The results are presented in Table E.1 and Fig. E.2. We find that the marginal contours for the parameters do not change significantly with the addition of a restrictive prior on ns. For example, the MMAX estimate of S8, shifts by 0.13σ, which is consistent with the expected MCMC run-to-run variance (Joachimi et al. 2021). In future studies, we will explore the impact of using more restrictive priors on all the externally constrained parameters that we are insensitive to, noting that this may also help reduce projection bias for posteriors with many parameters.

E.3. The effect of un-modelled photometric redshift errors on the projected galaxy clustering measurements

In Sect. 3.3 we introduce a free nuisance parameter, 𝒟 (Eq. 43), to account for our uncertainty on the amplitude of the true projected galaxy clustering signal. The expected dilution is a result of unaccounted photometric redshift errors in our theoretical model for wp(rp). In Fig. E.4 we compare our fiducial constraints in S8 and Ωm with the constraints from an analysis where the photometric redshift dilution effect is neglected and 𝒟 = 1. We find that while the omittance of the photometric redshift dilution effect does not impact the S8 constraints, Ωm becomes biased and more constrained. This is expected as the galaxy clustering is more sensitive to Ωm compared to σ8 (cf. Fig. E.3). This motivates future work to improve the estimator for, or theoretical modelling of, the projected galaxy clustering signal in the presence of photometric redshift errors, following Joachimi et al. (2011), Chisari et al. (2014).

thumbnail Fig. E.4.

Marginalised constraints for the joint distributions of S8 and Ωm, showing the 68% and 95% credible regions. We compare our fiducial analysis (blue) with an analysis that neglects the impact of photometric redshift uncertainties, which dilute the estimated projected galaxy clustering signal (grey).

All Tables

Table 1.

KiDS-Bright stellar mass samples: overview of the number of lens galaxies, median stellar masses, M⋆, med, and median redshifts, zmed.

Table 2.

Marginal constraints on all model parameters, listed together with their priors.

Table E.1.

Marginal constraints on all model parameters listed together with their priors, for the fiducial and extension setups considered.

All Figures

thumbnail Fig. 1.

Galaxy stellar mass as a function of ANNz2 photometric redshift for the KiDS-Bright sample. The full sample is shown with a logarithmic hexagonal density plot. The blue line shows the stellar mass limit determined using the automated method presented by Wright et al. (2017). Red boxes show the six stellar mass bins used in the analysis, with individual galaxies plotted as black dots. The bin ranges were chosen in such a way as to achieve a good signal-to-noise ratio in all bins for our galaxy-galaxy lensing and galaxy clustering measurements.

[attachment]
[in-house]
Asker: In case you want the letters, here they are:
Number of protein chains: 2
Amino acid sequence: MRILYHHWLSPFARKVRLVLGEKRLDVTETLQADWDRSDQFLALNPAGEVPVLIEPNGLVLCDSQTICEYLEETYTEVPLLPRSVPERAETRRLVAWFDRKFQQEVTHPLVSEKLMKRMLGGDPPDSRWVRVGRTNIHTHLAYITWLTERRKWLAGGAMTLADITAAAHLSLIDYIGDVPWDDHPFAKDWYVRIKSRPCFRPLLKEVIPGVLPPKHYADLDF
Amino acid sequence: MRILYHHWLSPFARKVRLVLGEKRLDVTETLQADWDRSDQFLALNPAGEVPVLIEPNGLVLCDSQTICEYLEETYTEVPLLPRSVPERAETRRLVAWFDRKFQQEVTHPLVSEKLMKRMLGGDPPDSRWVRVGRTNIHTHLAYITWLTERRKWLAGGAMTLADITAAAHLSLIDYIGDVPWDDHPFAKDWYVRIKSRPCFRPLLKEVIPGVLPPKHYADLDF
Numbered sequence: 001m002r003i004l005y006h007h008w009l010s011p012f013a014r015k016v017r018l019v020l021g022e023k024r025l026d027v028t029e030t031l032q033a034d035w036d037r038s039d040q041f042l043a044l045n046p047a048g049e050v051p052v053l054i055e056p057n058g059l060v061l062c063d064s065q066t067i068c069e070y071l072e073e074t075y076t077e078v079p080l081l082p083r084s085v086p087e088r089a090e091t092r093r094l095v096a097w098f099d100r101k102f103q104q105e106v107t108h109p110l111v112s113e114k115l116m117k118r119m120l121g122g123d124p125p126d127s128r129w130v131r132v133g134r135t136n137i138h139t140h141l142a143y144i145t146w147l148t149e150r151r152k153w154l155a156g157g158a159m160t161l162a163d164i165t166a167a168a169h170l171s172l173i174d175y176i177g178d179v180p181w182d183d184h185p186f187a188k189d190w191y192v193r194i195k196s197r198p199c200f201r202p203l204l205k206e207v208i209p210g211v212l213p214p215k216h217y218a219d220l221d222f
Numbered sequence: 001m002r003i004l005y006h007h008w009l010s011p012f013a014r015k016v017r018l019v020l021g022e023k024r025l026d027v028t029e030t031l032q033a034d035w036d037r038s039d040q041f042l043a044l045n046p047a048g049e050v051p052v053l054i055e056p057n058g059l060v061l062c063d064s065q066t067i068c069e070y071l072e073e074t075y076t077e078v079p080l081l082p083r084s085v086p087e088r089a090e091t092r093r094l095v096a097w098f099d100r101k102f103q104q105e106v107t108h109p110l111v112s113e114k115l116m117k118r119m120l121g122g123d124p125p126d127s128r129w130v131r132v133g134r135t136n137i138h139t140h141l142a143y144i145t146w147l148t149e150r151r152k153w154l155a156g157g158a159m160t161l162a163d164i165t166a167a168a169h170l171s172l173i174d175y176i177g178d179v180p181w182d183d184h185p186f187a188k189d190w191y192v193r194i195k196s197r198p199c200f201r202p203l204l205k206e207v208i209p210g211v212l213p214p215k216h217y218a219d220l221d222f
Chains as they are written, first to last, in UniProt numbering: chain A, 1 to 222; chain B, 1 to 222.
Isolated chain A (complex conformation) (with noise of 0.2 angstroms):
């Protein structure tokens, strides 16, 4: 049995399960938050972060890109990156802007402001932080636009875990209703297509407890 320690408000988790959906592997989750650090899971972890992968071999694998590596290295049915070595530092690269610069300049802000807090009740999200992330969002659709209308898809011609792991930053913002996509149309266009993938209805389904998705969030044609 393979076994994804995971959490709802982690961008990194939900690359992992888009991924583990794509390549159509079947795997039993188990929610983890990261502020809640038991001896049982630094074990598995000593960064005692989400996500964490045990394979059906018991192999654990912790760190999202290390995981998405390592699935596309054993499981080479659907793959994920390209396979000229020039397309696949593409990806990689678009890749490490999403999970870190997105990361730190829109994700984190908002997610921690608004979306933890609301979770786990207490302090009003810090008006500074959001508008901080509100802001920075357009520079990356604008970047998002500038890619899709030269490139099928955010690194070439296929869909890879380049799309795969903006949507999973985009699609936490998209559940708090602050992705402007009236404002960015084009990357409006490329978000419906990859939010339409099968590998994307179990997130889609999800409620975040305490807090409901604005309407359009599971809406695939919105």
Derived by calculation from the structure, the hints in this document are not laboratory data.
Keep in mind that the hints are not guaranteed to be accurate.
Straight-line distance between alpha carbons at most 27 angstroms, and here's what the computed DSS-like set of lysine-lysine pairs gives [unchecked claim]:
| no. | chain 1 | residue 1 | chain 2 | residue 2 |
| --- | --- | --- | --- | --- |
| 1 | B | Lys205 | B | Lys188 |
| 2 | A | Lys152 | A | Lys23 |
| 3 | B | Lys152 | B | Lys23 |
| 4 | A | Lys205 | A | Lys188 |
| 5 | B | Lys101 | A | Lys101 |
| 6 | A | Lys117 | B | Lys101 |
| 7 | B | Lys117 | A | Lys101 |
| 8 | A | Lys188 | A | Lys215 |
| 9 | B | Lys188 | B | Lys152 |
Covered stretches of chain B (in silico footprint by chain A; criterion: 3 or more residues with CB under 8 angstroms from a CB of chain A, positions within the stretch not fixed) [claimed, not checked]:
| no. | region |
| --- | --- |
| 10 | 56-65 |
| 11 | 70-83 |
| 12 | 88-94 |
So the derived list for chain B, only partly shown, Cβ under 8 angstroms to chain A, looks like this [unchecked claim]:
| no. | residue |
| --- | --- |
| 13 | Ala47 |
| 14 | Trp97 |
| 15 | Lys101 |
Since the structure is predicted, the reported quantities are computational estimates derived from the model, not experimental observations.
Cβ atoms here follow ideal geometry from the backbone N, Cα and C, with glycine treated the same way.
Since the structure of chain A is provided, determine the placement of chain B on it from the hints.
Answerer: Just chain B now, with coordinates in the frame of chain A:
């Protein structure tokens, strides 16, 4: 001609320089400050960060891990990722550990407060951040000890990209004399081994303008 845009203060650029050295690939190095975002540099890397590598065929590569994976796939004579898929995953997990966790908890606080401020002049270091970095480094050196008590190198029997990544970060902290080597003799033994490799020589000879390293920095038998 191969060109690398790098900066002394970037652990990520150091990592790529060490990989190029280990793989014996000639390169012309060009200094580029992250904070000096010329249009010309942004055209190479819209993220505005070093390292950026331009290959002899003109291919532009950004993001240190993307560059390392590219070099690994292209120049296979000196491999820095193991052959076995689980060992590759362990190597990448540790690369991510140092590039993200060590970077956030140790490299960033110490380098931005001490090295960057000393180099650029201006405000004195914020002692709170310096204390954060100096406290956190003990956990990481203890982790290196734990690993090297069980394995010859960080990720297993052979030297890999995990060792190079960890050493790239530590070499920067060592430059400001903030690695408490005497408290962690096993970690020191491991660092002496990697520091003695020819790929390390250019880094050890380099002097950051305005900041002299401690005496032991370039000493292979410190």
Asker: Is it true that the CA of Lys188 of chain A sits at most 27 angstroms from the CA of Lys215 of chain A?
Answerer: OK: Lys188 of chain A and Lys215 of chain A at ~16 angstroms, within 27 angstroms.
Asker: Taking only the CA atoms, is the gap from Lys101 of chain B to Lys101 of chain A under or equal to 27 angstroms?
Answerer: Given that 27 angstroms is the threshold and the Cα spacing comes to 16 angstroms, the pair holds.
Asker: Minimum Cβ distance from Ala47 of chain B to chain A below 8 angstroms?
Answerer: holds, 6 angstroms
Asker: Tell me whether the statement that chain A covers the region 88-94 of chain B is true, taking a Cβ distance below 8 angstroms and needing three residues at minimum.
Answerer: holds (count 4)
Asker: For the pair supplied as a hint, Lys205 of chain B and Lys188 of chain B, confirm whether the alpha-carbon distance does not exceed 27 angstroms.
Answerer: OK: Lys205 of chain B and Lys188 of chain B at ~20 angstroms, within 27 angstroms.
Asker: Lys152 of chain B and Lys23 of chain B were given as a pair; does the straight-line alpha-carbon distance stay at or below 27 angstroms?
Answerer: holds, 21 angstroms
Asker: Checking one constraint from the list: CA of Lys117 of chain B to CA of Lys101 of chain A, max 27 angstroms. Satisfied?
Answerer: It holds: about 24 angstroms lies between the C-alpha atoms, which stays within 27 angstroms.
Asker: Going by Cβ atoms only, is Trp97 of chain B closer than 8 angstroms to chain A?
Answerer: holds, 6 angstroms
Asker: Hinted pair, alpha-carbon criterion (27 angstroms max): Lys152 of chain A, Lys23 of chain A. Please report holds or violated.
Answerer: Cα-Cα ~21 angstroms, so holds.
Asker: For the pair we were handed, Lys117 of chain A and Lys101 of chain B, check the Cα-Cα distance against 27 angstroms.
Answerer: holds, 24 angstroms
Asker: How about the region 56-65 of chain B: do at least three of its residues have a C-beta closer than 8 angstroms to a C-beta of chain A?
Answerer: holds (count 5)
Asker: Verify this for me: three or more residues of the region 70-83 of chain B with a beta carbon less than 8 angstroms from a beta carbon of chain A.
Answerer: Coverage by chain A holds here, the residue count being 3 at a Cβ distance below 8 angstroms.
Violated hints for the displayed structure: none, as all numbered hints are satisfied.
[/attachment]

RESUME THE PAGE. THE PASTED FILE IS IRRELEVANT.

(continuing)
In the text
thumbnail Fig. 2.

KiDS-Bright galaxy SMF and the fractional errors. Upper panel: KiDS-Bright galaxy SMF (crosses) compared to the model from Wright et al. (2018), evaluated at the median redshift of our sample (black dashed line). The blue line and shaded region indicates the best-fit model and 68% confidence levels of our best-fit halo model (Eq. (22)). We caution that the quality of the fit cannot be judged by eye, because of the covariance in the data, between the data points and between the other observables. The reduced χ2 value for this observable is 1.05 (d.o.f. = 14.58, p-value = 0.39), estimated using the method presented in Appendix C. Lower panel: Fractional errors on the data and the model, ΔΦ/δΦ.

In the text
thumbnail Fig. 3.

Galaxy-galaxy lensing: the stacked ESD profiles of the six stellar mass bins in the KiDS-Bright galaxy sample defined in Table 1. The solid lines represent the best fitting fiducial ESD halo model (Sect. 2.3, Eq. (34)) as obtained using an MCMC fit, with the 68 percent confidence interval indicated with a shaded region. We caution that the quality of the fit cannot be judged by eye, because of the covariance in the data between the observed bins and also between the observables. The reduced χ2 value for this observable is 1.28 (d.o.f. = 73.18, p-value = 0.05), estimated using the method presented in Appendix C.

In the text
thumbnail Fig. 4.

Galaxy clustering: the projected galaxy clustering signal of the six stellar mass bins in the KiDS-Bright galaxy sample defined in Table 1. The solid lines represent the best fitting fiducial halo model (Sect. 2.3, Eq. (27)) as obtained using an MCMC fit, with the 68 percent confidence interval indicated with a shaded region. We caution that the quality of the fit cannot be judged by eye, because of the covariance in the data, between the observed bins and between the observables. The reduced χ2 value for this observable is 1.42 (d.o.f. = 71.62, p-value = 0.01), estimated using the method presented in Appendix C.

In the text
thumbnail Fig. 5.

Marginalised constraints for the joint distributions of S8 and Ωm. The 68% and 95% credible regions for the 2 × 2 pt+SMF fiducial analysis (blue) can be compared with constraints from KiDS cosmic shear (Asgari et al. 2021b, pink), KiDS with BOSS 3 × 2 pt (Heymans et al. 2021, purple), and the CMB Planck Collaboration VI (2020, black).